Thomas Alan McKenzie was born in 1928 in Ashburton. His father was a sheet metal worker and his mother took in washing. As a boy, Alan helped care for his father who suffered Post Traumatic Shock Disorder after World War One and died when Alan was only 13.
After finishing school, Alan left home to work in the Forestry as a labourer. But having received from his mother — a voracious reader of Dickens — a love of learning, he headed to Wellington where he graduated from Teachers’ College. He was seconded to Maori schools in the North Island. Maoritanga and mauri broadened Alan’s outlook. It was at Nuhaka that he was challenged by the Maori pastor to enter the ministry.
Alan trained for ordination at College House in Christchurch, living alongside students from many disciplines. During vacations, he worked as a labourer for Mid-Canterbury Transport. In 1954 — following curacy at St Mary’s, Merivale — he married Pamela Smith, a primary school teacher from the farming settlement of Russell’s Flat near Springfield.
Alan and Pamela’s first parishes were centred in Okains Bay; Pleasant Point; and Riccarton, Christchurch. In 1966, their empathy for people from other walks of life led them to travel to Singapore with their four young children. Serving with the Church Missionary Society, Alan was chaplain to St Andrew’s Anglican Mission School and vicar of its associated parish. Singapore was a melting pot of cultures, ethnicities, faiths and flavours. Separated recently from Malaya, it was beset by political turmoil and racial riots — while, under the increasingly firm governance of new Prime Minister Lee Kwan Yew, it was also a city-state in accelerated transformation. For Alan and Pamela, the experience transformed their lives and shaped their outlook.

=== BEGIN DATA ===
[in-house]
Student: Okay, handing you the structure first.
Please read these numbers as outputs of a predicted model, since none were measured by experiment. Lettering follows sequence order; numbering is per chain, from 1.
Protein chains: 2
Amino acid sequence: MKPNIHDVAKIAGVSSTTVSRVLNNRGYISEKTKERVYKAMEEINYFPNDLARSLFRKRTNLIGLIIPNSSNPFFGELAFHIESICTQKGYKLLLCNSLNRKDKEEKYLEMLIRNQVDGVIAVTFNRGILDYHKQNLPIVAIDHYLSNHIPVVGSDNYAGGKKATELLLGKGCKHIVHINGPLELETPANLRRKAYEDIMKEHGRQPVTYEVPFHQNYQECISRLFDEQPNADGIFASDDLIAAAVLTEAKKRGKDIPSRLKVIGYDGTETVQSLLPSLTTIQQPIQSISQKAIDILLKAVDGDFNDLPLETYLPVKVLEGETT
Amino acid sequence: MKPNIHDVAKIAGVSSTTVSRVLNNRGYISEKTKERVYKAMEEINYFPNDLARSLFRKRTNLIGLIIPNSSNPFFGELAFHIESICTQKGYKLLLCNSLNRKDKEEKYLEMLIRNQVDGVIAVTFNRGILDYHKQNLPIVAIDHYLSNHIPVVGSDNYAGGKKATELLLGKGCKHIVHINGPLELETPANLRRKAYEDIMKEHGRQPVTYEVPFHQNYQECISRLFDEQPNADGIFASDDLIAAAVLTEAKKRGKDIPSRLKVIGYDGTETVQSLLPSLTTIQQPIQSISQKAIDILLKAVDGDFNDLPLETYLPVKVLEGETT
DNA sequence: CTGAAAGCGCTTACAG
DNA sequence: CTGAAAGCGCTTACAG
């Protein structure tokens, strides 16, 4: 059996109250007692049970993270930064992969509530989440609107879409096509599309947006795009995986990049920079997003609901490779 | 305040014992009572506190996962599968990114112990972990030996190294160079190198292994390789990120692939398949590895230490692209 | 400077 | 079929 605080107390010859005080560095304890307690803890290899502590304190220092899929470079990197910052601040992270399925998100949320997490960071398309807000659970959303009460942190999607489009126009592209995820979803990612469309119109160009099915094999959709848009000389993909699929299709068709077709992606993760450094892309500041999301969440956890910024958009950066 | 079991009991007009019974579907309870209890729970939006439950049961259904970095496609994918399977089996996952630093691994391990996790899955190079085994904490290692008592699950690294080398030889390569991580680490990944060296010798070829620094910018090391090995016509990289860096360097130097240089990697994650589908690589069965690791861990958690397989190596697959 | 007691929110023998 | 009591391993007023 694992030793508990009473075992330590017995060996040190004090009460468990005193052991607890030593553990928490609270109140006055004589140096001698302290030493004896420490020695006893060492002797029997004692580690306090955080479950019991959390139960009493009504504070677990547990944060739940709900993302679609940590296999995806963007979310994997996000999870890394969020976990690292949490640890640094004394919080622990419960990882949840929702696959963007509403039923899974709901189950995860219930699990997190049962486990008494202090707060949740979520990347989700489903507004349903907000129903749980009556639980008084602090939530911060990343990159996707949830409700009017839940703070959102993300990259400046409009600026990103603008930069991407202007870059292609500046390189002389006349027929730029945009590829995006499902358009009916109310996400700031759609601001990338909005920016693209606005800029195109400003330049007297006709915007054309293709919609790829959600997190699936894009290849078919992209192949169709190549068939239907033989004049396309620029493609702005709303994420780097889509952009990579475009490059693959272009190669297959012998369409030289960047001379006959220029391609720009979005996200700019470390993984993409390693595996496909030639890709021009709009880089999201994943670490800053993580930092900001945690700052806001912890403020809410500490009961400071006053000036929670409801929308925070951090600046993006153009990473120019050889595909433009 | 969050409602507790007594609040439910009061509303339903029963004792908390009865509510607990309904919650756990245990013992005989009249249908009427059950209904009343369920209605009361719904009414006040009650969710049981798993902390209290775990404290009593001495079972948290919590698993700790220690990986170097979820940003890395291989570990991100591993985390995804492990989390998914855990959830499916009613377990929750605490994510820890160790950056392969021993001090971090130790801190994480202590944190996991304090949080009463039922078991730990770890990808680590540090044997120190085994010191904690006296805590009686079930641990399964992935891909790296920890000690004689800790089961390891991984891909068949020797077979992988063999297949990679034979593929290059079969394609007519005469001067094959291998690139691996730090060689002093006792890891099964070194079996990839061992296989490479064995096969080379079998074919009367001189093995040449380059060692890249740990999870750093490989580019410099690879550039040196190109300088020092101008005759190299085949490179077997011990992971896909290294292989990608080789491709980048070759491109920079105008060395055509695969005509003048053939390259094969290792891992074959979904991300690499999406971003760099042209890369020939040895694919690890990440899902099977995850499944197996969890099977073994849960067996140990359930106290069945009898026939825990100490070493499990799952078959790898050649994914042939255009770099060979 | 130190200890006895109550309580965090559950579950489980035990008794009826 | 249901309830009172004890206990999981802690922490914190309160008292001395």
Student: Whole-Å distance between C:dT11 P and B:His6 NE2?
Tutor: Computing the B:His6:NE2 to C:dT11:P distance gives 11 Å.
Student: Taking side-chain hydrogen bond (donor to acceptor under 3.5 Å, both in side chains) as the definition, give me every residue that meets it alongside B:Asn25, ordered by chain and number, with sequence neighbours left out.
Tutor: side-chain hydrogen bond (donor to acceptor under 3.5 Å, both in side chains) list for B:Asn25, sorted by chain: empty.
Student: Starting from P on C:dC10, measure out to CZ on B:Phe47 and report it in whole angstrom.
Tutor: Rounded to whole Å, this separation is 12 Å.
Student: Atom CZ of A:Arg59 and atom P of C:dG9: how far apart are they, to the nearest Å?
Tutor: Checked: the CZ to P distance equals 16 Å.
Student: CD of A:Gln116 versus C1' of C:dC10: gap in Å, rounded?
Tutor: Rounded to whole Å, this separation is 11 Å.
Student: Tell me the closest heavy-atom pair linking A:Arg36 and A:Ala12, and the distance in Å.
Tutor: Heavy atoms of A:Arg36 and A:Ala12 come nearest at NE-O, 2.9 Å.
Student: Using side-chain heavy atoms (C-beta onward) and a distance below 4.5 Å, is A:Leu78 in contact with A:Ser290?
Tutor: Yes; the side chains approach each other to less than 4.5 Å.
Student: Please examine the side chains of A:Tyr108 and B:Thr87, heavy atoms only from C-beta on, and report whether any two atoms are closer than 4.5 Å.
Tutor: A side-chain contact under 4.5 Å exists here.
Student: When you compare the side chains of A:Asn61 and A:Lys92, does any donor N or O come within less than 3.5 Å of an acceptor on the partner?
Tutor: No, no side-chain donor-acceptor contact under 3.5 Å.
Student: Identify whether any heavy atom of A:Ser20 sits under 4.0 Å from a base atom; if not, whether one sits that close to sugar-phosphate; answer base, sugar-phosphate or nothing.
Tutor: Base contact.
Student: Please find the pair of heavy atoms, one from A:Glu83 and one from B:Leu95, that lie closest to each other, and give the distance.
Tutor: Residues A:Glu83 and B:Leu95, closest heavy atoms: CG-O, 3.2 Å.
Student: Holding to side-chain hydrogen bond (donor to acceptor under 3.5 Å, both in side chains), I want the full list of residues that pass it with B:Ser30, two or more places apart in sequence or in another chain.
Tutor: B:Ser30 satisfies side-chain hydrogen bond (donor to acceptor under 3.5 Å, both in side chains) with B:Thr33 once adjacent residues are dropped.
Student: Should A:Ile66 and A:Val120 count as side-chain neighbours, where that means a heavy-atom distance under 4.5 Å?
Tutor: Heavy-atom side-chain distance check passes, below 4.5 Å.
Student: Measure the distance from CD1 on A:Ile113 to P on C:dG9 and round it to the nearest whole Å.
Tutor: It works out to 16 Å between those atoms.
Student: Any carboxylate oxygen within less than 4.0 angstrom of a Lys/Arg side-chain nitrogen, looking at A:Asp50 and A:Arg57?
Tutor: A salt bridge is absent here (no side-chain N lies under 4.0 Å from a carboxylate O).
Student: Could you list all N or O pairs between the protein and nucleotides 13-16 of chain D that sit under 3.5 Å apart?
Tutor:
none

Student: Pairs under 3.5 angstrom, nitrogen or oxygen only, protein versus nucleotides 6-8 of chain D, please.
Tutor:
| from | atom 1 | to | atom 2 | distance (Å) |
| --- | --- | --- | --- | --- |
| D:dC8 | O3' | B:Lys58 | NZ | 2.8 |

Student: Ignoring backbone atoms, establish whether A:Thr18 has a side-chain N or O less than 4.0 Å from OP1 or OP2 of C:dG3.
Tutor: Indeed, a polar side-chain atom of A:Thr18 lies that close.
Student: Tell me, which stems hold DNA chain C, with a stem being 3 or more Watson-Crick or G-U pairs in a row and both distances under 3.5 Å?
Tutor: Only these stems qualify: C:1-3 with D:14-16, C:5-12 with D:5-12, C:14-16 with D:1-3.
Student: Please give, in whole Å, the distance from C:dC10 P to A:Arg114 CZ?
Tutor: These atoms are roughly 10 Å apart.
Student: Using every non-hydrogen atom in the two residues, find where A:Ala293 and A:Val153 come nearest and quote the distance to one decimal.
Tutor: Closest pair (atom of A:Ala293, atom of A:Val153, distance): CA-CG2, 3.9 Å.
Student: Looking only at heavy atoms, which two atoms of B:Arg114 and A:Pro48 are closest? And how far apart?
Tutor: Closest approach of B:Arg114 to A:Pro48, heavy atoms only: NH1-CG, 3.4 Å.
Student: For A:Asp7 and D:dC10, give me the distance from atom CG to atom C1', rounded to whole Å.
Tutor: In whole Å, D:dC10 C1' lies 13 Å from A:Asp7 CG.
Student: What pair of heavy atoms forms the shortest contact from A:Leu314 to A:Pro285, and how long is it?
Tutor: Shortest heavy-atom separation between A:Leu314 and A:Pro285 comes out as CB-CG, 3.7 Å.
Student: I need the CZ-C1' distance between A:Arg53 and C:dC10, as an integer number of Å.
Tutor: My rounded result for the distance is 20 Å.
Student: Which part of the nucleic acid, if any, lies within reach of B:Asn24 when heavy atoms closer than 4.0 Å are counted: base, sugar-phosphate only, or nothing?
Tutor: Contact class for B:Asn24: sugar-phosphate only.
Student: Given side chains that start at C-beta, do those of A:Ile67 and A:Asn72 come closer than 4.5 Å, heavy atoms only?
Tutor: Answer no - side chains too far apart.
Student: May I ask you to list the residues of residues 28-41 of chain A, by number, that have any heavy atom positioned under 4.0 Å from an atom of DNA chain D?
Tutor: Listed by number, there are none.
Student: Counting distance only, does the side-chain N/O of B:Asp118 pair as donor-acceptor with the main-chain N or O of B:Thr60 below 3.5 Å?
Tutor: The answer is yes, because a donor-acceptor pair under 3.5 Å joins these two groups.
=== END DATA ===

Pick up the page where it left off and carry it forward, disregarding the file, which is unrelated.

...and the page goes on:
It was an equally profound culture shock then for the McKenzie family to return from the tropical heat and ceiling fans of their small Singapore apartment to the large drafty vicarage of St Mary’s, Geraldine. Although this was an unexpected adjustment, it was also exciting and rewarding. John 14, Kathryn 12, Alastair 10 and Stuart 5, thrived in this new, wide-open world.
From coastal plains up to Mesopotamia, in the headwaters of the Rangitata river, the natural beauty of the parish soaked into Alan’s soul and shaped his understanding of divinity. When he suffered health problems later in life, he called upon this perspective and his deep love of family for strength. In 1975 he was one of the very first people in NZ to undergo open-heart surgery.
It was with sadness in 1974 that the McKenzie family left Geraldine, their only New Zealand home lived in and remembered by the whole family. Following a NZ traveling position for CMS, Alan’s diocesan responsibilities increased. While vicar of St Matthew’s, St Albans, he was elected a Cathedral Canon; representative on the Maori Bi-Cultural Committee; member of General Synod; and Archdeacon of Christchurch and the West Coast. Sabbatical took Alan & Pamela back to Asia, traveling in Sri Lanka, India, Thailand and Malaysia, studying the interaction of Christianity with Eastern religions. Between 1985 and 1989, Alan was full time Assistant to the Bishop. On retirement, Standing Committee conferred on him the title of Archdeacon Emeritus. Alan McKenzie died in Christchurch in 2011. He is remembered as a man of strong and humble faith and deep compassion.